Last Monday was Memorial Day, the traditional start of the summer holiday season in the U.S. In my garden, summer begins when the fireflies appear, and the baby hummingbirds fledge. We spotted the first fireflies a couple of weeks ago, but this week the population increased dramatically. When the sun goes down, the garden is filled with slowly flashing yellow lights as the little beetles fly up from the grass and flowerbeds.
During the day, the action is a lot more frenetic. Since early April, a few adult hummingbirds have been visiting our two feeders, which I refilled once a week or so. But suddenly there are dozens of hummers jockeying for position, and we go through a liter of sugar solution a day. Their harsh chattering and the sound of buzzing wings fills the air as they dogfight over the lawn and chase each other away from the feeder or favorite flowers. Occasionally several will settle down to drink peacefully at the same feeder (four on the small, six on the large), but it never lasts long. Another soon shows up and starts a chain reaction fight in which the tiny birds orbit the feeder like fighter ships in a Star Wars movie. I have counted ten or more at a single feeder, and the other is just as busy.
On dry, sunny roadside banks and meadows, patches of bright orange show that the blooming season of native butterfly weed (Asclepias tuberosa) has started, and as Spigelia marilandica finishes flowering, A. tuberosa takes over as my favorite flower in the garden.
This is one of the best insect plants that you can grow in North Carolina. Like all milkweeds, it is a food plant for the caterpillars of the monarch butterfly (Danaus plexippus). Monarchs are becoming very scarce, sadly, and in ten years gardening at this location, we have only had caterpillars one year. But A. tuberosa flowers provide food for bees and other butterfly species, and those are not in short supply:
When the plants are finished flowering, they attract beautifully colored milkweed bugs (Oncopeltus fasciatus) that feed on the developing seeds. But no matter; enough seed survives to float away on tufts of fluff, so that more plants appear every year.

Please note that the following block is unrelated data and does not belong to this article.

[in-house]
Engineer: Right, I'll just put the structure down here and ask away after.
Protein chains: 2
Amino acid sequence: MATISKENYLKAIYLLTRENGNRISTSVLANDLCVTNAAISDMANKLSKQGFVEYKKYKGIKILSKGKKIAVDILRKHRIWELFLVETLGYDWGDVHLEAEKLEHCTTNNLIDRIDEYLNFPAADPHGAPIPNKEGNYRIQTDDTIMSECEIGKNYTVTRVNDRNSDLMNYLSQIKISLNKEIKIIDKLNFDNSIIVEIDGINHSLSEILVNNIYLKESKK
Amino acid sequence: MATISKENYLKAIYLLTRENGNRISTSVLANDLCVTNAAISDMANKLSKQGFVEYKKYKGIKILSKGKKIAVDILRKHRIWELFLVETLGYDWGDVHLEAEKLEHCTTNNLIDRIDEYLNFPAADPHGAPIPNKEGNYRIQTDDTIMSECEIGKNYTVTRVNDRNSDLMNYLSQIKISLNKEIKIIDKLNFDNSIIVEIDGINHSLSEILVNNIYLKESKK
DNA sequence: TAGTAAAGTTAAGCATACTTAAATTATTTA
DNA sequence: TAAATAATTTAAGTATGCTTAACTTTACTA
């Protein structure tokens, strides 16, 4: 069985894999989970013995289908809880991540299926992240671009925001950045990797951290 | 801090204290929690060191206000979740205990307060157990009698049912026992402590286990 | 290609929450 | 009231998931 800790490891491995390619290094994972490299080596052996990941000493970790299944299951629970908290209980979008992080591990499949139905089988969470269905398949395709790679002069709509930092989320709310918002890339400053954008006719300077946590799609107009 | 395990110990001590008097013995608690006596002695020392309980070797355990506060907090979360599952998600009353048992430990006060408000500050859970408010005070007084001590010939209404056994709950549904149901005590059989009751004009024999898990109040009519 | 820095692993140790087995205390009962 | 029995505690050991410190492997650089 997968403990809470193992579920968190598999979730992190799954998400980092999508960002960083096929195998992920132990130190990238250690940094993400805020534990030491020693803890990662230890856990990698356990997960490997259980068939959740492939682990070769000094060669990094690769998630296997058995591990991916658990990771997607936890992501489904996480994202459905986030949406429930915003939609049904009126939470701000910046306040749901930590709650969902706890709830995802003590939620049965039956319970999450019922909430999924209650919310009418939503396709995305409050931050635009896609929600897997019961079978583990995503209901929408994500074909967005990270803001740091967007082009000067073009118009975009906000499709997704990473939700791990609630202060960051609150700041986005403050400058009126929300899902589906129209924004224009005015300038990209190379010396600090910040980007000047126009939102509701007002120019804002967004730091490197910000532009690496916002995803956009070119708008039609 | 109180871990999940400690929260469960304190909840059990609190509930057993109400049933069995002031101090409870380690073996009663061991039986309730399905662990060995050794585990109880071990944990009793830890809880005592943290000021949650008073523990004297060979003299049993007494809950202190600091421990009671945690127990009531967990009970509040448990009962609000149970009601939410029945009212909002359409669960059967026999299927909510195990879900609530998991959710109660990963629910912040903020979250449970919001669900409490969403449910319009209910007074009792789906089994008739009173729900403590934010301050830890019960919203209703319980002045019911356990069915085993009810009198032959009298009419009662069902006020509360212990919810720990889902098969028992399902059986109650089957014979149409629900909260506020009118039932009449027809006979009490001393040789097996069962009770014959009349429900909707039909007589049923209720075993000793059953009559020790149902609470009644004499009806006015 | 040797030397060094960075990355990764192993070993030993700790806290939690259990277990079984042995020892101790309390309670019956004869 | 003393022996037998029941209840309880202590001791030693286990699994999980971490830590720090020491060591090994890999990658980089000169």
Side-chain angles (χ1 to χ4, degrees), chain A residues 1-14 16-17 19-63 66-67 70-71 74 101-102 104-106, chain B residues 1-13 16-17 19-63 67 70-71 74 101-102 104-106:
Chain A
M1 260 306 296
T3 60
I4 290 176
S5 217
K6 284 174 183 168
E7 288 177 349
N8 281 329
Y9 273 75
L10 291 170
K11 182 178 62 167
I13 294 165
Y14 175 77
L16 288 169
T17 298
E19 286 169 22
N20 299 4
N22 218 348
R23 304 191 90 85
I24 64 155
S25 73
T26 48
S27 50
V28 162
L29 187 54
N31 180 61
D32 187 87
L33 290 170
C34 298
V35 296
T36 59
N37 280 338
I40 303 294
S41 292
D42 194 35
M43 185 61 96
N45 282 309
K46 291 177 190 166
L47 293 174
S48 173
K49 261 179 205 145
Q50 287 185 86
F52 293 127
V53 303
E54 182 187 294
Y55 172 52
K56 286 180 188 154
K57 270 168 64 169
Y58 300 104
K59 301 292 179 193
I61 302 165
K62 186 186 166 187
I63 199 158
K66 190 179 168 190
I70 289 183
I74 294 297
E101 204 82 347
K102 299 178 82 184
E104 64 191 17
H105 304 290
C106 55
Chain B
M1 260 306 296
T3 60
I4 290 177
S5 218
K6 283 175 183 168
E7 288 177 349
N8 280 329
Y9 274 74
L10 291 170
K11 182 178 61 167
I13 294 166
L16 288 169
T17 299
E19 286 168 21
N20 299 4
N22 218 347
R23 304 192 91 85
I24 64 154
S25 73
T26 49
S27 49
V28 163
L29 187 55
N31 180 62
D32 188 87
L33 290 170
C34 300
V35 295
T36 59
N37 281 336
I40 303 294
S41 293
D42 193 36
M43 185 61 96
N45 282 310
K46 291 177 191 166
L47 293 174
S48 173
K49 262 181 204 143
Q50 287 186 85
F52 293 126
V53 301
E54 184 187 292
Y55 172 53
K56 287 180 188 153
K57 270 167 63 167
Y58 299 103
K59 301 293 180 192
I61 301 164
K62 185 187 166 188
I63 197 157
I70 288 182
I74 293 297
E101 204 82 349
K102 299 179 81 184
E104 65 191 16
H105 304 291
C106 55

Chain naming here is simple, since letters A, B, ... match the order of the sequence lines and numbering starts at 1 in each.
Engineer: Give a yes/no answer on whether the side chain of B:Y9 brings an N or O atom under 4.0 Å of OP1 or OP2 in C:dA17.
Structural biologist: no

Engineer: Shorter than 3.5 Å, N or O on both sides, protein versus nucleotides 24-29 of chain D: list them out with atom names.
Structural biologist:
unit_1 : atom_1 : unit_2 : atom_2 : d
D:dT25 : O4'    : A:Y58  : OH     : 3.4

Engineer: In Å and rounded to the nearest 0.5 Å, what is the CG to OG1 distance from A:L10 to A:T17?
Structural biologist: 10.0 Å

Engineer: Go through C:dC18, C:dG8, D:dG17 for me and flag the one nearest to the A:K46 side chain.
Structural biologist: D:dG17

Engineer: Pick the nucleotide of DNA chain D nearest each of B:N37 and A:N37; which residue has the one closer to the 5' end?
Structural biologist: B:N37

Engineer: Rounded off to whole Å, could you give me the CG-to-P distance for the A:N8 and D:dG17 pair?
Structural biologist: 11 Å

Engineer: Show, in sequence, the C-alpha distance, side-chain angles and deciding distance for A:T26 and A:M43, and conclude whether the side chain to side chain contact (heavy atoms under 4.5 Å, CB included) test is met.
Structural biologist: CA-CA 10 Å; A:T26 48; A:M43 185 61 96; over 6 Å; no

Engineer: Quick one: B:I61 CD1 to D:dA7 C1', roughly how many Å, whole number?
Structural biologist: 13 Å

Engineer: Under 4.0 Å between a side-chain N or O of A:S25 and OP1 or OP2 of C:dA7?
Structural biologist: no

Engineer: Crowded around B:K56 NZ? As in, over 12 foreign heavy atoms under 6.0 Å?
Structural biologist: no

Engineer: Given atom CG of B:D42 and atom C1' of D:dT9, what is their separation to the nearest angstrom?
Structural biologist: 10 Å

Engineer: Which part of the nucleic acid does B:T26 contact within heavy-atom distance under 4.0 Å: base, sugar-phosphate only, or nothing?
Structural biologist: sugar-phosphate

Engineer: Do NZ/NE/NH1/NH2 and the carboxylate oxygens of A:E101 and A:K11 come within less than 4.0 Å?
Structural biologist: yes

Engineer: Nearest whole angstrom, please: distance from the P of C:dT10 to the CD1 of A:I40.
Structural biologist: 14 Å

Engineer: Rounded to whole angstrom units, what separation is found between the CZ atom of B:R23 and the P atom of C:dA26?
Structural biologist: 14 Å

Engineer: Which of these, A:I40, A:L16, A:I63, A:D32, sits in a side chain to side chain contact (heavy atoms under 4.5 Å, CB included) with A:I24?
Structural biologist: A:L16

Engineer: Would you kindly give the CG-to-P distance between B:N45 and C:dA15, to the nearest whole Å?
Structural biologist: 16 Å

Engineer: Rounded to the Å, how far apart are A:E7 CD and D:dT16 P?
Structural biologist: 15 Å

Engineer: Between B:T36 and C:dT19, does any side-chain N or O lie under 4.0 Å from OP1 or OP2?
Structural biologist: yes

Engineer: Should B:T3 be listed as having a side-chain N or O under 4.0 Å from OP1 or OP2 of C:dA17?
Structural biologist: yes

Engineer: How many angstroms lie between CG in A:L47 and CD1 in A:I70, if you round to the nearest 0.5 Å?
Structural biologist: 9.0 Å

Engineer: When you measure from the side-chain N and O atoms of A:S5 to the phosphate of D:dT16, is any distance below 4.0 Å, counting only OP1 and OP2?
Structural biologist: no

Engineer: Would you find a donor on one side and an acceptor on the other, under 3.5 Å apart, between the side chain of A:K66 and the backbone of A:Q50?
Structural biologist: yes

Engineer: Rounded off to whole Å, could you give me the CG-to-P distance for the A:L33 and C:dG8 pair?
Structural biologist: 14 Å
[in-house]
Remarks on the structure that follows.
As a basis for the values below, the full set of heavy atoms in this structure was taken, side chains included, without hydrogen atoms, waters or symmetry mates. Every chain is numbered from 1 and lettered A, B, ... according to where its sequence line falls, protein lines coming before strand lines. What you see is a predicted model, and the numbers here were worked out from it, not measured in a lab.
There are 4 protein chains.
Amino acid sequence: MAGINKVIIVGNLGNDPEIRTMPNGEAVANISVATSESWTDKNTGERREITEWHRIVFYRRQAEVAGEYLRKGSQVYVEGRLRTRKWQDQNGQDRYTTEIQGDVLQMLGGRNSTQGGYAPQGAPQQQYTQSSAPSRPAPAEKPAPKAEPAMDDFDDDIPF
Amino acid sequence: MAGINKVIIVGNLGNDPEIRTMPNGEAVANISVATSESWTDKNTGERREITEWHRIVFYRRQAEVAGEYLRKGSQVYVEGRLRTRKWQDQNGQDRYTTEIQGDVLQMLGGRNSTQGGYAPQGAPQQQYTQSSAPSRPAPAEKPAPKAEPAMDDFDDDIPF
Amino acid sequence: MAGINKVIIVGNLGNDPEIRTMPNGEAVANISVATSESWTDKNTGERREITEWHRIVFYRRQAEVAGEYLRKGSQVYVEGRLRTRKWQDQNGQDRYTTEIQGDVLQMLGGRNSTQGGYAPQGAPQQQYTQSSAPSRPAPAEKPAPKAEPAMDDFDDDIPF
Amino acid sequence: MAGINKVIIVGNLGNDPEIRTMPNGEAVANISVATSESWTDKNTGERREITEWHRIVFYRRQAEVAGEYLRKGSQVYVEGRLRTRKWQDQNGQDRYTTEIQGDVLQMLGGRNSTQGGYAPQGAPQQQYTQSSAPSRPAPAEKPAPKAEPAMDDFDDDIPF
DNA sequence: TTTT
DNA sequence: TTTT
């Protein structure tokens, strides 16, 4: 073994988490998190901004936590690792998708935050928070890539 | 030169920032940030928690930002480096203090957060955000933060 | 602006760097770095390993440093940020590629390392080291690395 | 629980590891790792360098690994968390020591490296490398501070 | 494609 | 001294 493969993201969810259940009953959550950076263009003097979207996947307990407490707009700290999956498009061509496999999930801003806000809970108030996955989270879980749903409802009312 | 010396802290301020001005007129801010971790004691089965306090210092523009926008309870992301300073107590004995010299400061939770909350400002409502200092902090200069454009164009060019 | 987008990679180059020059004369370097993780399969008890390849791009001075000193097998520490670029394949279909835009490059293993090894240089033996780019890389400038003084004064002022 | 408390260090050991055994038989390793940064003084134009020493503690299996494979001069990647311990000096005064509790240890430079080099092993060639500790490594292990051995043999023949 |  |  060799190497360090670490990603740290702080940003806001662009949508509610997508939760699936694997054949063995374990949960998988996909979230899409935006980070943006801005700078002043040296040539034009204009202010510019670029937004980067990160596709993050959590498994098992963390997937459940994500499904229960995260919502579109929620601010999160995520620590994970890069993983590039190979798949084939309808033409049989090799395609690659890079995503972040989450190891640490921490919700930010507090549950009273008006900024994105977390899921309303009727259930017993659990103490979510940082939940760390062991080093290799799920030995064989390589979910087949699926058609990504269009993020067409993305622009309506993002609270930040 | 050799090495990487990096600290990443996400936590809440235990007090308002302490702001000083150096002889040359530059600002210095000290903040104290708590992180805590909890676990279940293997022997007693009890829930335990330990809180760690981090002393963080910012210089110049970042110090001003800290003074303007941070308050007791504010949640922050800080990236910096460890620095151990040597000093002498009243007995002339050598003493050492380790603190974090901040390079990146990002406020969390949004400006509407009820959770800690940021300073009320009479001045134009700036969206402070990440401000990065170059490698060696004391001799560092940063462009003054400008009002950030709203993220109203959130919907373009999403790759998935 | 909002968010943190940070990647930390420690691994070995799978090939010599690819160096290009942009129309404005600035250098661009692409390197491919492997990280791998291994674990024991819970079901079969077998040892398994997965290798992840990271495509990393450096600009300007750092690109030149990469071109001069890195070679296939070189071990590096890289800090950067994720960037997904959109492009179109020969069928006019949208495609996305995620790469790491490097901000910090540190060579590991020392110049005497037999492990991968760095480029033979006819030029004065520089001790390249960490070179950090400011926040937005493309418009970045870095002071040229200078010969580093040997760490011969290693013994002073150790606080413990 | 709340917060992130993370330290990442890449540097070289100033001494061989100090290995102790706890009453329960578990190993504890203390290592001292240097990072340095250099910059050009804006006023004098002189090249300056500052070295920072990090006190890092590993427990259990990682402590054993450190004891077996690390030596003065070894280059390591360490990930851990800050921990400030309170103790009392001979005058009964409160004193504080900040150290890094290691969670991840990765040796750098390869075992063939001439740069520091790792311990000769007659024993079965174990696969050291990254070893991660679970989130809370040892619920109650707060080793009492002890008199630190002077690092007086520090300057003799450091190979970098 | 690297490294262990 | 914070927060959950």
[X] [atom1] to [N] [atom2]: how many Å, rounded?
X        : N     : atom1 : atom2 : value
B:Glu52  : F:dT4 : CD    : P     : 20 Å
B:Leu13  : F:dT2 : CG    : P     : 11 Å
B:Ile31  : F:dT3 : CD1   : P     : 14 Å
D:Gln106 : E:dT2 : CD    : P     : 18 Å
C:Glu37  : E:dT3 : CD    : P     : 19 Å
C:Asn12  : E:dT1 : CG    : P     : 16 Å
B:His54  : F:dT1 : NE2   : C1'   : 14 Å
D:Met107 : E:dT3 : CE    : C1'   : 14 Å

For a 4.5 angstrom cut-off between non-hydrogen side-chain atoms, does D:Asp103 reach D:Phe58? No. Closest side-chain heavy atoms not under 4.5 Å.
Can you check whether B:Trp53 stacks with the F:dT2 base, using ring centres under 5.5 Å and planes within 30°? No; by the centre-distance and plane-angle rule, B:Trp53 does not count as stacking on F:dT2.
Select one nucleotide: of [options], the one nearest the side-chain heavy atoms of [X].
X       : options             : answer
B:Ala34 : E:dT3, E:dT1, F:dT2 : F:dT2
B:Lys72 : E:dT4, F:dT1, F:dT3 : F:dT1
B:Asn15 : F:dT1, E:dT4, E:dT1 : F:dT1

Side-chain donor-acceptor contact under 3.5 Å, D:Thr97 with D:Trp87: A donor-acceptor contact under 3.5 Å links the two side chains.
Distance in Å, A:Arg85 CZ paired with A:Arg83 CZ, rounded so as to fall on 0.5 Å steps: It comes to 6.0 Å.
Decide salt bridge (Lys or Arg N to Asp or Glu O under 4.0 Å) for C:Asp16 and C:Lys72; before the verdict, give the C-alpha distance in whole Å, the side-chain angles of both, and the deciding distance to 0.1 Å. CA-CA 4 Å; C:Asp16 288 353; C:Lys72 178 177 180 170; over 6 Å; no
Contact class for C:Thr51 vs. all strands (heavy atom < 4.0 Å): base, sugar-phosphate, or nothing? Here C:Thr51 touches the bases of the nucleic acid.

Once planted, A. tuberosa can be tricky to transplant, because its tuberous roots grow deep and break easily. If you plant a couple of potted seedlings, they’ll cross-pollinate and give you plenty of seed that you can spread around. It seems to take about two years for seedlings to reach blooming size, and a couple more to grow a really nice clump.
Much less colorful but still elegantly beautiful, Yucca filamentosa is also blooming now. I planted it on the dry mound around our wellhead, along with the prickly pears and a few other xerophytic plants.
It was supposed to be the variegated clone, ‘Color Guard,’ but it seems to be some sort of unstable mutant. New growths come out variegated, but over the course of the year, they darken until they are indistinguishable from a wild type plant.
On the other side of the house, Hydrangea quercifolia, oakleaf hydrangea is also blooming white.
This is a southern species, with a native range centered on Alabama. It is a much more reliable bloomer than the Japanese Hydrangea macrophylla, because the new growth is less susceptible to damage by late freezes.
Some cultivated clones have inflorescences made up entirely of large sterile flowers, equivalent to mophead forms of the more familiar H. macrophylla. However, I prefer the look of wild type plants, equivalent to a lacecap H. macrophylla, with a few sterile flowers surrounding clusters of tiny fertile flowers that attract many bees.
The H. quercifolia flowers are looking their best this week, and they’ll continue to look good until the Japanese beetles, the scourge of summer, arrive to devour them. That could happen any day. I saw a few beetles this week, munching on banana leaves, but most will emerge over the next couple of weeks. If I can keep the beetles from doing too much damage to the hydrangea, its inflorescences will slowly turn pink and will be attractive until well into autumn. Eventually they’ll dry out and turn brown, but they’ll remain on the plant and, together with the peeling bark, provide winter interest.